I've a gory story in mind and wanted a decent idea of what directors could get away within the MPAA 'R' rating category.
This gore junk ain't my usual bag, but when critically analyzing these films I'm surprised at how suggestive the shots are rather than all out disgusting.
A lot of brief frame number edits of the graphic stuff and a lotta just-off-camera shots.
FWIW, I watched most of each of these with the subtitles turned on and fast-forwarded 2X.
(2007 by Rob Zombie) - 5/10
Agree with many of the critics that say the first third is good
, but it all falls apart when the child goes to the asylum and then as an adult. Then it turns been-there-done-that-unremarkable meh-fest.
It was nice seeing a lot of industry character actors in there. (Kinda like what Stallone did with Expendables.)
(2009 by Rob Zombie) - 4/10
Completely different feel to it.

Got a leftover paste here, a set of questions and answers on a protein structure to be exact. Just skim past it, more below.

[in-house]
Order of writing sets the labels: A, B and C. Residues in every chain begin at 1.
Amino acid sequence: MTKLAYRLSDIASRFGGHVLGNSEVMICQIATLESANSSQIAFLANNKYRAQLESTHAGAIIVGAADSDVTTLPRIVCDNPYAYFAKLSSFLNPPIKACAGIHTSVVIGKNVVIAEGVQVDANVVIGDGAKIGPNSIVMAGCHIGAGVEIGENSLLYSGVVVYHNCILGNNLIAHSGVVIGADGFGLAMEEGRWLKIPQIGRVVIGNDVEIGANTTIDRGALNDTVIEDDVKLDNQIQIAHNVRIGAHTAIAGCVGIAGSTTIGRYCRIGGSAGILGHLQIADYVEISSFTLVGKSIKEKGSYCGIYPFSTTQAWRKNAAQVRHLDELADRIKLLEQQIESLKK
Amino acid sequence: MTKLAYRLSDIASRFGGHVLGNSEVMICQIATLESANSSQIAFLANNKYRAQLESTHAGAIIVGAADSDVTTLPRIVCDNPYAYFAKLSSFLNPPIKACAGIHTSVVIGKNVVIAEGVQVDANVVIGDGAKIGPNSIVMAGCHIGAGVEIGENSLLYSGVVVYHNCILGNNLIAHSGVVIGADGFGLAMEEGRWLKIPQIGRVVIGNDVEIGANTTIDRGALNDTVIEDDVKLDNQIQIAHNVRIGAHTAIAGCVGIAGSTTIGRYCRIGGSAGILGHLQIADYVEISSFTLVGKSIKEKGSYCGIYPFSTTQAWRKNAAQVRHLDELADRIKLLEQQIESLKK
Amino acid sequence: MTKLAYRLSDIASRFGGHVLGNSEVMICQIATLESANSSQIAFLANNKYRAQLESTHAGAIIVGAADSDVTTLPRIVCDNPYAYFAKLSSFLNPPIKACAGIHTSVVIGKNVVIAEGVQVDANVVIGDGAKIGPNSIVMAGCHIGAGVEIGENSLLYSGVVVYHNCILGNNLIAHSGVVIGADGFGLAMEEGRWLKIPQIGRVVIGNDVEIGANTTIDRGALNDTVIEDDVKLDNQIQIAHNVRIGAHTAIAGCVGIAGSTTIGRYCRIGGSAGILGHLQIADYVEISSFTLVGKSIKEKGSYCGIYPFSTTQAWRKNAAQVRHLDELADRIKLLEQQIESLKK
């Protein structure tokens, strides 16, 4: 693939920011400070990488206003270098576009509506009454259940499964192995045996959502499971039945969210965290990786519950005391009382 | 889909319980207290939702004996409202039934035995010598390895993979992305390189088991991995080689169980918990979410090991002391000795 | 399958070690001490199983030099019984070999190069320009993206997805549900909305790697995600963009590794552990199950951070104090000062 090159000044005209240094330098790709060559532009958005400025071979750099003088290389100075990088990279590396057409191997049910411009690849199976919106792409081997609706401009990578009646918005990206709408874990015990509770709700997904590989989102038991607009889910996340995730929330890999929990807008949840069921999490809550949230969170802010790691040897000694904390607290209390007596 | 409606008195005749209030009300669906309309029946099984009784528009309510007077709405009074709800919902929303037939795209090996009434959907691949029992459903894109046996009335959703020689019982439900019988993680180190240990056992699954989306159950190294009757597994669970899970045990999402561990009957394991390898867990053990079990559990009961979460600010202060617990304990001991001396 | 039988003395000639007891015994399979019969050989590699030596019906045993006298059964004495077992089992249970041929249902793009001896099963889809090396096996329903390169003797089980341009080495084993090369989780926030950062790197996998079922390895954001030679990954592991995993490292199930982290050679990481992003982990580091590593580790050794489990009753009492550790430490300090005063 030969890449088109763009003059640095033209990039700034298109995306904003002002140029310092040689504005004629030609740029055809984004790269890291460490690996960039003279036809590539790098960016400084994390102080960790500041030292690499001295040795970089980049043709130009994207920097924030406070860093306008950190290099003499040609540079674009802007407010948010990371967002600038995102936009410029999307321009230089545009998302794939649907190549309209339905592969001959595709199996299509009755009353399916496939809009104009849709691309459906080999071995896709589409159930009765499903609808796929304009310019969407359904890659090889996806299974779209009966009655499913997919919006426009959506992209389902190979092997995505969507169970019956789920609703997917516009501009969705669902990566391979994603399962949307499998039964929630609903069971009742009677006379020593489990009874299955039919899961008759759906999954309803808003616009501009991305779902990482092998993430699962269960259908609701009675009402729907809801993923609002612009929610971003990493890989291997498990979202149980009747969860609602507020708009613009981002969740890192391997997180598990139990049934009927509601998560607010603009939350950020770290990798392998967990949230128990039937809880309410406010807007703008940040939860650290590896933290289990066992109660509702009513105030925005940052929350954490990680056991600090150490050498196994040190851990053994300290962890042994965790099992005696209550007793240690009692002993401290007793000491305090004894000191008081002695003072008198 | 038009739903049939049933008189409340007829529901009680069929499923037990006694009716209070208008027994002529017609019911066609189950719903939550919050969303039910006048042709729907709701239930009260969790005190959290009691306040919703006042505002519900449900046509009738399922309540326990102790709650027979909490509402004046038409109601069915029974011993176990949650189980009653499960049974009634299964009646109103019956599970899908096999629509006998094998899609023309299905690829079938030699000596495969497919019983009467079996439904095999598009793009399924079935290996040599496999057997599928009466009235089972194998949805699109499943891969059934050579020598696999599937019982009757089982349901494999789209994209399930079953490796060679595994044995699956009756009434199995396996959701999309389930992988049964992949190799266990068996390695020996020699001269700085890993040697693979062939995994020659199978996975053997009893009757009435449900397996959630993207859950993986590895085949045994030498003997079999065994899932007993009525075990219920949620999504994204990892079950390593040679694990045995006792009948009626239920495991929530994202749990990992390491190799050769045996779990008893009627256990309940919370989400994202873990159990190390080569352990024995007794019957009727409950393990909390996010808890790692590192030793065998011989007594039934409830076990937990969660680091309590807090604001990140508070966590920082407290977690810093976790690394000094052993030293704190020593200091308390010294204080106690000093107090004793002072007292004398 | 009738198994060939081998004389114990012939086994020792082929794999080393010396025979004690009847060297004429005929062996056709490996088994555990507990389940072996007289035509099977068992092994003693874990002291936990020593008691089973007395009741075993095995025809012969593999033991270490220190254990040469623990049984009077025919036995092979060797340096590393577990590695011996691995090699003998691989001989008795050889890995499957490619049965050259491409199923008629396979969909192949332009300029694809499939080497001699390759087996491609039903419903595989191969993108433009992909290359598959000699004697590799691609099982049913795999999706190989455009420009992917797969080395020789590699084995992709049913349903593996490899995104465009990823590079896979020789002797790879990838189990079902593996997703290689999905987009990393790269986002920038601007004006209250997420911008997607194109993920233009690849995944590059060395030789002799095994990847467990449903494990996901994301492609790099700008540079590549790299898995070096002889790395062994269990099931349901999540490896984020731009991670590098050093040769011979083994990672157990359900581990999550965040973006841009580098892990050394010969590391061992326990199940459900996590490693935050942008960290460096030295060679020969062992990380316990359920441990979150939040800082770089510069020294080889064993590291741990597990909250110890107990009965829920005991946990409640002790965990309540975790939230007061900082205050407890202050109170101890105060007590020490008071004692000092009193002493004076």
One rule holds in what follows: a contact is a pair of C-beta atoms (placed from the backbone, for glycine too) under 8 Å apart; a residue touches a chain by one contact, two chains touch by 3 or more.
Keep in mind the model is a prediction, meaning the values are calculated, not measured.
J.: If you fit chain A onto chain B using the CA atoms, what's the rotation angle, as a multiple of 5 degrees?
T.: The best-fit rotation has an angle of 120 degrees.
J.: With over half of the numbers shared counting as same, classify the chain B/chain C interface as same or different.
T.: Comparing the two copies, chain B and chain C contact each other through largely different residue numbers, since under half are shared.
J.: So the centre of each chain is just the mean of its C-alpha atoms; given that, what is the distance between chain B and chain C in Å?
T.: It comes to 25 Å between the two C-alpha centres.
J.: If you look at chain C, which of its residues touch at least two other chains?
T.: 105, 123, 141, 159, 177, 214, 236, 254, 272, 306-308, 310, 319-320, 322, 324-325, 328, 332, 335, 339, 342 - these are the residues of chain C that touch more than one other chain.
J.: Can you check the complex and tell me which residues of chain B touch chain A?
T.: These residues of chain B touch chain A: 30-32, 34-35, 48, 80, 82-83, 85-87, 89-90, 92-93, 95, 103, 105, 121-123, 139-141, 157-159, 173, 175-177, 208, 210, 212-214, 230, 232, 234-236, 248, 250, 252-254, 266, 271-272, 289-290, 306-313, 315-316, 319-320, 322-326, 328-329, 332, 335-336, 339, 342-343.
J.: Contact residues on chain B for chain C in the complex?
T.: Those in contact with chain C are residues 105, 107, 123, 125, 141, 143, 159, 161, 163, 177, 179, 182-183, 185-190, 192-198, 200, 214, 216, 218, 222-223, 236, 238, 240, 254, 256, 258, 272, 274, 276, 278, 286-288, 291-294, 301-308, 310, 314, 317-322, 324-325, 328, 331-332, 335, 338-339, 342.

You got better things to do or watch, surely.
(Also, same budget, less than half the revenue from the predecessor.)
The Texas Chainsaw Massacre: The Beginning
(2006 prequel to the 2003 remake) - 6/10
If you just enjoy gory documentaries of stupid people doing weird sh!t you might like this more than I did.
Frankly, if Jordana Brewster wasn't so [expletive] good to look at I would've watched more of it in FF mode.
Technically and visually it was done well.
Story's just stupid.
The Hills Have Eyes II
( 2007 sequel to the 2006 film) 2/10
Mutants look terrible, and not in an impressive way.
Could have been better.
IDK WhereTH the budget was spent.
Wes Craven. (chuckle)
(2012 sequel to the 2009 film) - 3/10
More ridiculous and implausible splatter thriller gruel.
The title and premise are poorly developed.
The point, purpose, and motivation are elusive.
It's a crazy guy in an attrition film.
Turned it off or forgot the ending... musta turned it off. I don't remember that ending.
Another 'The Watch': "Let's put a bunch of well knowns in a film, It'll sell tickets just on their names alone!"